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You've had a sudden onset of numbness and paralysis or other symptoms of stroke, and you or a companion have called 911. Now what? What happens when you get to the hospital?
Once you get to the hospital, these things will happen quickly:
What happens if the doctor decides I've had a stroke?
The next step will be to use one or more brain imaging tests to see where the stroke is located. The two main methods are computed tomography (tuh-MOG-ruh-fee) (CT) scan and magnetic resonance imaging (MRI).
How will my stroke be treated?
This depends upon the type of stroke you have had and how quickly you receive medical care.
If you have the most common type of stroke (ischemic), you might get a clot-busting drug called t-PA. It is injected into one of your veins. This drug travels in the blood to your brain and breaks up the clot. To work properly and safely, t-PA must be given within three hours from the time your stroke started. In fact the sooner t-PA is given, the better it works.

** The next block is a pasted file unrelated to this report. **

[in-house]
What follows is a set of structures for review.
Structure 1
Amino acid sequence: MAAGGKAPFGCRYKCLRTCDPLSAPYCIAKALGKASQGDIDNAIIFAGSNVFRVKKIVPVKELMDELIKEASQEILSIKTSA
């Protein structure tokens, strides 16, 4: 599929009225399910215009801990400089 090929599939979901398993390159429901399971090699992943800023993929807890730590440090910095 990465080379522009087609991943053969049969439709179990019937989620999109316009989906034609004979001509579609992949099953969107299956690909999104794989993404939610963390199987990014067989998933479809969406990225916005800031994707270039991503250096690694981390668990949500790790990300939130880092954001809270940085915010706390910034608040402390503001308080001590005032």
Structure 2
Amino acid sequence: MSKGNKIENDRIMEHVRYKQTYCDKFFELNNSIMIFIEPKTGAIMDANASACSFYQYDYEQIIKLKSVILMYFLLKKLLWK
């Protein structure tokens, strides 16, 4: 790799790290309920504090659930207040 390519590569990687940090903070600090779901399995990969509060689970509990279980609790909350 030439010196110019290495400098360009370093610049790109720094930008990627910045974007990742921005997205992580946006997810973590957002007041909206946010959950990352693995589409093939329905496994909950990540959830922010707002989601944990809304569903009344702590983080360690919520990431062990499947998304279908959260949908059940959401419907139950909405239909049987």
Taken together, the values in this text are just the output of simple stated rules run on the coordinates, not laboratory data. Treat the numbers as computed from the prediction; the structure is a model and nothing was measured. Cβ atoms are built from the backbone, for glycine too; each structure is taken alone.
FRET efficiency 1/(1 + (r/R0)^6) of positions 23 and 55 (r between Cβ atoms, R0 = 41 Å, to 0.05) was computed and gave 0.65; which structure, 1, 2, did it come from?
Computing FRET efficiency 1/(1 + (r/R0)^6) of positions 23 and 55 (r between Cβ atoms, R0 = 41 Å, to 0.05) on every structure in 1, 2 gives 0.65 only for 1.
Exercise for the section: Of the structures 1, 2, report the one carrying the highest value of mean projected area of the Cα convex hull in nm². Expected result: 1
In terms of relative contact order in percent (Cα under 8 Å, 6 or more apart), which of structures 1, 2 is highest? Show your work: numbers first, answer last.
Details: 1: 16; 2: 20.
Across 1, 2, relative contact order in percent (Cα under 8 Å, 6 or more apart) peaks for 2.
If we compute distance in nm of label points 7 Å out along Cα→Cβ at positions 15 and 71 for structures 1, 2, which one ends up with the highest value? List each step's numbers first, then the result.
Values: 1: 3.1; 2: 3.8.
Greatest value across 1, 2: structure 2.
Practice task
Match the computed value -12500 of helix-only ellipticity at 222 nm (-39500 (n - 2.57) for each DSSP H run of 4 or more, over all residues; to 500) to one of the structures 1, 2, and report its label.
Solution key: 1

A new therapy for ischemic strokes is the Mechanical Embolus Removal for Cerebral Ischemia (MERCI) system. A thin wire is guided into the blood vessels and to the blocked artery in the brain. The doctors use the wire to pull the clot out. The MERCI system can be used for up to eight hours after stroke onset.
If you've had the kind of stroke that involves bleeding into the brain, there are fewer treatment options. Usually, little can be done to stop the bleeding. But treatment usually involves trying to reduce pressure with drugs or surgery.
Once your condition is stable, your doctor will talk to you about next steps. This might involve therapy, such as physical therapy or speech therapy, medicines, or surgery.
Content last updated: February 01, 2009.
Resources last updated: February 01, 2009.